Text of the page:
Still, she optimistically adds, "I believe Microsoft can stay its Metro-centric, touch-centric course with Windows Blue, while still making some changes that will make the OS more usable and comfortable fora bigger pool of users. While it would have been great if Windows 8 debuted this way last October, I say better late than never."
Learn By Shipping [Steven Sinofsky]
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RE: These Articles are Becoming Ridiculous
5/13/2013 1:45:28 PM
Is it so hard to believe?
I just look at my house. 2 years ago I had my desktop, a small file server, my wife's desktop, an HTPC, 2 netbooks, and a host of single-purpose portable devices.
It was support hell, and so we paired down.
Now my computer is my game/production rig, and it also doubles as the file share for the network. My wife's PC now doubles as the HTPC now that we have a 2nd output on it. And our new phones have replaced our needs for laptops and other portable devices. We went from 6 PCs and a ton of other stuff in the house down to just 2PCs and 2 phones. Much less equipment to support, and everything just works just as well (or better).
And we are not alone in that. You use to need PCs for everything that attached to a network... but now there are capable laptops, tablets, gum-stick sized android devices, and even some phones that have more than enough processing power to replace a home or office PC. And a lot of these devices are $100 or less, how is a PC supposed to compete with that?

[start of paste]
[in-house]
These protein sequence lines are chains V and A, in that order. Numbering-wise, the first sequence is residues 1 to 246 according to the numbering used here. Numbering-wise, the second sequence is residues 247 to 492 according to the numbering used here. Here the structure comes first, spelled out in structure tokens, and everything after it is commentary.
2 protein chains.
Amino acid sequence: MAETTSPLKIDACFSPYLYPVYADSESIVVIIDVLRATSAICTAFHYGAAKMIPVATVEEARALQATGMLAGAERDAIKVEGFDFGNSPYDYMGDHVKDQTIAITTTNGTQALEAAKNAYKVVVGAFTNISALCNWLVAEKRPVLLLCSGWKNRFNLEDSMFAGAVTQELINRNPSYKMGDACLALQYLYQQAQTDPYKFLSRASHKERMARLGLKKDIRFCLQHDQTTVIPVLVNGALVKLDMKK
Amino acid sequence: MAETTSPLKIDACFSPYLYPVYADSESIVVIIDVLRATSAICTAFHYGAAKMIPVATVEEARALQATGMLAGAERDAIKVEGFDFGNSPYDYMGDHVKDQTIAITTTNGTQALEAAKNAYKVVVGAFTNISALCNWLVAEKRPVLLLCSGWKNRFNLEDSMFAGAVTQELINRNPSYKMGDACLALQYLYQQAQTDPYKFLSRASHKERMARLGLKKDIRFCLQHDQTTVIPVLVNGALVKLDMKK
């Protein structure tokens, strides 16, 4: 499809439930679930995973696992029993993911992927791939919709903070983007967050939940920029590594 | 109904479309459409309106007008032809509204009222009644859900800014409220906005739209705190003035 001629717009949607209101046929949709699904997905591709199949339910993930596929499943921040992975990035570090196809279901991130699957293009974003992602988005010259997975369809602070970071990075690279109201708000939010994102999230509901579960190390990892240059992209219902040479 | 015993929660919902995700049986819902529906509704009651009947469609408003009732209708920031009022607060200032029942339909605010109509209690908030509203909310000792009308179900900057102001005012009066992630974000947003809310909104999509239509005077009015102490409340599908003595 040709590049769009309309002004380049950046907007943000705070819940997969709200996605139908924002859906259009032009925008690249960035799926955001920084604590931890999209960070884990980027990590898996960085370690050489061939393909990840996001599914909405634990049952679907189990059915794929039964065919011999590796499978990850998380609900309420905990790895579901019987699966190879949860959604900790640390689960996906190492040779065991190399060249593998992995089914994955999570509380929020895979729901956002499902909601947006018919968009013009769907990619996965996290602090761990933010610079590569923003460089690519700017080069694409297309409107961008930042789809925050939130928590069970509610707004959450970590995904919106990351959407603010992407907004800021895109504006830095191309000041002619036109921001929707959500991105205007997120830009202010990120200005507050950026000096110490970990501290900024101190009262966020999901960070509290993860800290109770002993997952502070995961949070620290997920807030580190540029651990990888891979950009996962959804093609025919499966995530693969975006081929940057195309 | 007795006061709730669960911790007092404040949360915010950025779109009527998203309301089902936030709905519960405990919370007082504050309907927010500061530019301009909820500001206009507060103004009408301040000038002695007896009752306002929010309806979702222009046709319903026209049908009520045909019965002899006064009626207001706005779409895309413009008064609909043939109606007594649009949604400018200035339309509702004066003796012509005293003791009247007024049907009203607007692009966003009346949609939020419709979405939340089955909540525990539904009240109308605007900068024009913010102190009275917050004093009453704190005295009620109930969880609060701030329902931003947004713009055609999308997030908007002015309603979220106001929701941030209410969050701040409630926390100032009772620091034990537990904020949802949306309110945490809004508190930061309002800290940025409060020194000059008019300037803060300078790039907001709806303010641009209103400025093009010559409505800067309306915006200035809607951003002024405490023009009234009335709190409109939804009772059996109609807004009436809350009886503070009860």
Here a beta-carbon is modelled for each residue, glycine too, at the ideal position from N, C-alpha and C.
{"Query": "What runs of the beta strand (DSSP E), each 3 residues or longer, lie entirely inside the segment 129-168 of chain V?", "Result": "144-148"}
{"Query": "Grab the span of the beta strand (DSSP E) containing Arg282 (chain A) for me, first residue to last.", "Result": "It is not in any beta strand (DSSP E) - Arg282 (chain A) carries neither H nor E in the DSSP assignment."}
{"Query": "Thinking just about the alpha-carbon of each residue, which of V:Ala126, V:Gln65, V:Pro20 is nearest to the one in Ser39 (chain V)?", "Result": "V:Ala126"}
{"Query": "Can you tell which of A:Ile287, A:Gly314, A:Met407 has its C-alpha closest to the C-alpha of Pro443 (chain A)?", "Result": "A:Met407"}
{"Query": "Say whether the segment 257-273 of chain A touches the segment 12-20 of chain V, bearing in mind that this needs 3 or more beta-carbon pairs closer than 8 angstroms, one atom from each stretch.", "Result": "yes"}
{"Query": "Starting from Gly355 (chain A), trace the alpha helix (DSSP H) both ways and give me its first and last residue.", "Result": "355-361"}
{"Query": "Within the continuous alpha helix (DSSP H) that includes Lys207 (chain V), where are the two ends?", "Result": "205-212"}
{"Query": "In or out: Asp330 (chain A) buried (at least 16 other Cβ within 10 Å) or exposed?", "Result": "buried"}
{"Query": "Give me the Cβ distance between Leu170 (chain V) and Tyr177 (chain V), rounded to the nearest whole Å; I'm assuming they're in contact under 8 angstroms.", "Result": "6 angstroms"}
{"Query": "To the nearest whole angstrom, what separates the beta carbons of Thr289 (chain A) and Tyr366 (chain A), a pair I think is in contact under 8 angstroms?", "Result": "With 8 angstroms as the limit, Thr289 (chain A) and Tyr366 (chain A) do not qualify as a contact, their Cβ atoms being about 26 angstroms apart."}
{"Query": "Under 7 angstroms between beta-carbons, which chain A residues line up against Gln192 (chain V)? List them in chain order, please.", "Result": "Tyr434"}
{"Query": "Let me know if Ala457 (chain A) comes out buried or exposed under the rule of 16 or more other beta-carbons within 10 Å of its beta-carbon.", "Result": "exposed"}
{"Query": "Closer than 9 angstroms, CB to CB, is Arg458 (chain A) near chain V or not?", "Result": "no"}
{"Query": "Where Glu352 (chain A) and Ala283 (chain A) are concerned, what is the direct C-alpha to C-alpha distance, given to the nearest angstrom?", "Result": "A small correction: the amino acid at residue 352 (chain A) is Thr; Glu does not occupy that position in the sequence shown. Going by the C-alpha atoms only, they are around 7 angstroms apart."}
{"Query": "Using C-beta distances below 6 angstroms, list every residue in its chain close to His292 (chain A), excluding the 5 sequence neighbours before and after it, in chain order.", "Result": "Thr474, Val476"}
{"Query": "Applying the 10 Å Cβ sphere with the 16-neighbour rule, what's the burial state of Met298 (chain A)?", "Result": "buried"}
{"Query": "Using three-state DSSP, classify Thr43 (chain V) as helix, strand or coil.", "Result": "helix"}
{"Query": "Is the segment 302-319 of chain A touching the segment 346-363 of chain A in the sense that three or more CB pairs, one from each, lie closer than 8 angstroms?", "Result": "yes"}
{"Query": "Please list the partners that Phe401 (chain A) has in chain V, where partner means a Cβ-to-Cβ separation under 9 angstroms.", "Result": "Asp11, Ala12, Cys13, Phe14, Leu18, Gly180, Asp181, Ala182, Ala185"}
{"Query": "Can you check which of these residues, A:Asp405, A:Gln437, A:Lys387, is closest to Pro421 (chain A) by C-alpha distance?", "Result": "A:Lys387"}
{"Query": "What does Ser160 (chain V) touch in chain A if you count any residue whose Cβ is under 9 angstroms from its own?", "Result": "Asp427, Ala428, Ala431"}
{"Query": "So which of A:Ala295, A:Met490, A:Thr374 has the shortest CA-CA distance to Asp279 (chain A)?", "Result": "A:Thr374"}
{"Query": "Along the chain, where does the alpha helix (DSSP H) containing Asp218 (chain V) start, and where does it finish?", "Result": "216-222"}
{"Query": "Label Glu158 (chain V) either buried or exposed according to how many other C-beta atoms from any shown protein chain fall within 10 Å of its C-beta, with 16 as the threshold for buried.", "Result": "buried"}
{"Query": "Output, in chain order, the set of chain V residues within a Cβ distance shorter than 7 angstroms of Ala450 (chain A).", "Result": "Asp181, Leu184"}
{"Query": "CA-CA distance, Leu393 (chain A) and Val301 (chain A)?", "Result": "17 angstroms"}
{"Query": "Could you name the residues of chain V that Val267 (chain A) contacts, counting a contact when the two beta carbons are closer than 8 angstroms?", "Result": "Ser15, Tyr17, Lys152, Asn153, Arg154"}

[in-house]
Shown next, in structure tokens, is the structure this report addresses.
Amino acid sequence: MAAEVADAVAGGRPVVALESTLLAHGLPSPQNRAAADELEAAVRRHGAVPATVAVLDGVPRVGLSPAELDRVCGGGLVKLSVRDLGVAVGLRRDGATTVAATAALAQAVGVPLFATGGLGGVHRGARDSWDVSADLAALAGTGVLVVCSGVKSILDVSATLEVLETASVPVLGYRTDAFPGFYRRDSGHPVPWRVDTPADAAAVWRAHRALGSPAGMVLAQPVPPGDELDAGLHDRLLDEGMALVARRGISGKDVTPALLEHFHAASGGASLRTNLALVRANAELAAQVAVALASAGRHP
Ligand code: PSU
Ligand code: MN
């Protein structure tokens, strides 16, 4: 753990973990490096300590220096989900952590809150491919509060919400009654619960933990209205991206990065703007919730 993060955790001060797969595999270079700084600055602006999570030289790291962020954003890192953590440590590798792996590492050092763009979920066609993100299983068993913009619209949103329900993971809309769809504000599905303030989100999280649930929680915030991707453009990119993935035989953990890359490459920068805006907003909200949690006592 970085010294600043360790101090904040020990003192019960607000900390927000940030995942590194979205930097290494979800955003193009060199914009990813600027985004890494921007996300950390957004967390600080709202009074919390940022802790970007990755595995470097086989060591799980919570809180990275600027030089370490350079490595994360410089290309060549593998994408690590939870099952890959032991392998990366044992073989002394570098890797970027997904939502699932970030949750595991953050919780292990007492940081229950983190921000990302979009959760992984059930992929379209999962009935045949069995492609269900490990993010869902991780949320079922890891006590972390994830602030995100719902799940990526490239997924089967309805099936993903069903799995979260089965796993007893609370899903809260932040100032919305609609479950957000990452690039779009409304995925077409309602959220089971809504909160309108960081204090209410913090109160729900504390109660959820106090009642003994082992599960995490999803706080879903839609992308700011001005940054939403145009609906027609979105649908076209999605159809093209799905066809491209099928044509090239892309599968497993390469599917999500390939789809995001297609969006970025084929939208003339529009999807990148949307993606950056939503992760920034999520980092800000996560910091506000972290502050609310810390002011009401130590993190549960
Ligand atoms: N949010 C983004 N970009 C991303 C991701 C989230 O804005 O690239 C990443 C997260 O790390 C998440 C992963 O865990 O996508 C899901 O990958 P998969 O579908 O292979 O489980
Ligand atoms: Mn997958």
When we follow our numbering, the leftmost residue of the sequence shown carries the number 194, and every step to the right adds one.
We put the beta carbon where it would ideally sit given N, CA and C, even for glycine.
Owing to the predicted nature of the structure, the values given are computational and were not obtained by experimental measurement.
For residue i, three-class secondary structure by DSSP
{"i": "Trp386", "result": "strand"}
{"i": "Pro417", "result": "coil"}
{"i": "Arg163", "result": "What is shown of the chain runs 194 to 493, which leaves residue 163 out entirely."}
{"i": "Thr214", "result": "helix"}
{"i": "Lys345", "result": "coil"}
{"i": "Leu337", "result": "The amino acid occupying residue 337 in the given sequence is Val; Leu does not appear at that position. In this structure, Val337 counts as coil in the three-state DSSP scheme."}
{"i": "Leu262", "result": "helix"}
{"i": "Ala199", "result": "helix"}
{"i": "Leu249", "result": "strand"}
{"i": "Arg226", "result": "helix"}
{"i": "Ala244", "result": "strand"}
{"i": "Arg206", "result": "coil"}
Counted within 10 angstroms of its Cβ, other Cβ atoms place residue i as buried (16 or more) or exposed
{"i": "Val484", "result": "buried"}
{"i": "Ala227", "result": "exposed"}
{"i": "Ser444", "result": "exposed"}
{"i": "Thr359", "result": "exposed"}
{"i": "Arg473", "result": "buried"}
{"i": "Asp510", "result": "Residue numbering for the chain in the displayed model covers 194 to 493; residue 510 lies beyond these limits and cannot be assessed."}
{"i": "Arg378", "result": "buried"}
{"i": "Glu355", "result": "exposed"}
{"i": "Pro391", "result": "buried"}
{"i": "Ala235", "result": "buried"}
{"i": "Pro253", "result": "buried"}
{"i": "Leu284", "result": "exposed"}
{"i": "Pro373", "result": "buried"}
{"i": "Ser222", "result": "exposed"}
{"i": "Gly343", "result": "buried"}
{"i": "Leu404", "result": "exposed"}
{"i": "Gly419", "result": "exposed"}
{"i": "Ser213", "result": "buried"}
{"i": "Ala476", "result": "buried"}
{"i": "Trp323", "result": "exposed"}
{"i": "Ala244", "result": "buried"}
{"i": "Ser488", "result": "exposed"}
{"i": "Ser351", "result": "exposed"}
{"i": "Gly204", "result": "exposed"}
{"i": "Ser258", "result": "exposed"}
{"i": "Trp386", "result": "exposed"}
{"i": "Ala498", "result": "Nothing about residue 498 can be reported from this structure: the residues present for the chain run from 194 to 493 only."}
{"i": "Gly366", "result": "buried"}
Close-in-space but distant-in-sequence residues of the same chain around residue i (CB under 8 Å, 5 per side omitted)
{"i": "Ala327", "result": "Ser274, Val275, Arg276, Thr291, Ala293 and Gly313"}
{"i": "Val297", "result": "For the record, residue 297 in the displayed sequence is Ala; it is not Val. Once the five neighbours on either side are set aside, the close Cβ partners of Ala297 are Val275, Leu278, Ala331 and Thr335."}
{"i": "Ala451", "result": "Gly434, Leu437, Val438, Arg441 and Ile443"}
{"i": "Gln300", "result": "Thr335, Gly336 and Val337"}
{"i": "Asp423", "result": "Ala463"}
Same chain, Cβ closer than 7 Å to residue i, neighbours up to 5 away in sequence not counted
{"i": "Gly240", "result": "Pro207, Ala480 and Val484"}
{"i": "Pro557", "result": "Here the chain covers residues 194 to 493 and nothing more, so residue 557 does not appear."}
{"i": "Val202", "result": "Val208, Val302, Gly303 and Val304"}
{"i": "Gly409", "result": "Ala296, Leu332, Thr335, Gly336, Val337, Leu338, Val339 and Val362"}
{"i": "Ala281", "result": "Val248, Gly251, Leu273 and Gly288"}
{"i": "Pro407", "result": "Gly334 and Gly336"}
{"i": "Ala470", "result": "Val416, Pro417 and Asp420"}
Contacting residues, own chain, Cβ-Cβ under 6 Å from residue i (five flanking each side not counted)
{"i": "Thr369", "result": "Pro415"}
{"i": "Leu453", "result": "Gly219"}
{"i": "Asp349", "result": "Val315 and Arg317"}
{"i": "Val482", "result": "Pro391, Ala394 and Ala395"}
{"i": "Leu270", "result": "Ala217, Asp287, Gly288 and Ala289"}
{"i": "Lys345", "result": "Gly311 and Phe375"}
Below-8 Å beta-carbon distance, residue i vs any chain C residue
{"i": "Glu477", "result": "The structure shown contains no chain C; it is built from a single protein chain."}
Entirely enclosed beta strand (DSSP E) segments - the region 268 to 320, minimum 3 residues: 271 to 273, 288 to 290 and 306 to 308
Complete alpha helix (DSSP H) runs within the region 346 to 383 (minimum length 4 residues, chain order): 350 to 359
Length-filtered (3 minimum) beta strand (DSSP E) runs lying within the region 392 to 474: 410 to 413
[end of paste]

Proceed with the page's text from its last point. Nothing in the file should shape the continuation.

On top of that it is hard to justify needing any more processing power than can be provided by a Core2Duo for home and office workloads, and relatively simply upgrades in the GPU or HDD/SSD departments typically bring the performance that is wanted.
They think it is bad now; what happens when the next gen xbox comes out running win8 on it? A fully capable 'gaming PC' that can (if MS chooses to release it) run office or any other x86 software (so long as it is provided via the MS store and not a 3rd party download or media distribution). When the option is a $350 desktop PC vs a $500 or less console that can work as a PC which one will win the value added contest? Which one will provide better customer support? which one will have the 'cool' factor for the masses?
And what happens with next gen phones that have docking capabilities? Ubuntu has already started to show their cards. Windows Phone Blue will supposedly add multi-screen support back in to enable future phones to have HDMI to hook up to a monitor. Many Android devices already support this (though the software titles to replace a desktop are not there yet).
PC sales will continue to decline. I am not saying that win8 helped PC sales (because it didn't), but to say that win8 is the reason for the lack of sales is short sighted. Dell, HP, Acer, Lenovo, and (to a lesser extent) ASUS have all been hocking terrible products with 0 support for YEARS. Alternatives are now on the market, so people are voting with their feet and wallets. Make decent but cheap entry level products. Have some standards. Support your customers. If you can manage to do all of that then you could easily sweep all of what is left of the desktop PC market, but the fact is that the bulk market is going to go away in time, and the ones who survive are going to be the boutiques, or those who make smaller but compelling products.
"We don't know how to make a $500 computer that's not a piece of junk." -- Apple CEO Steve Jobs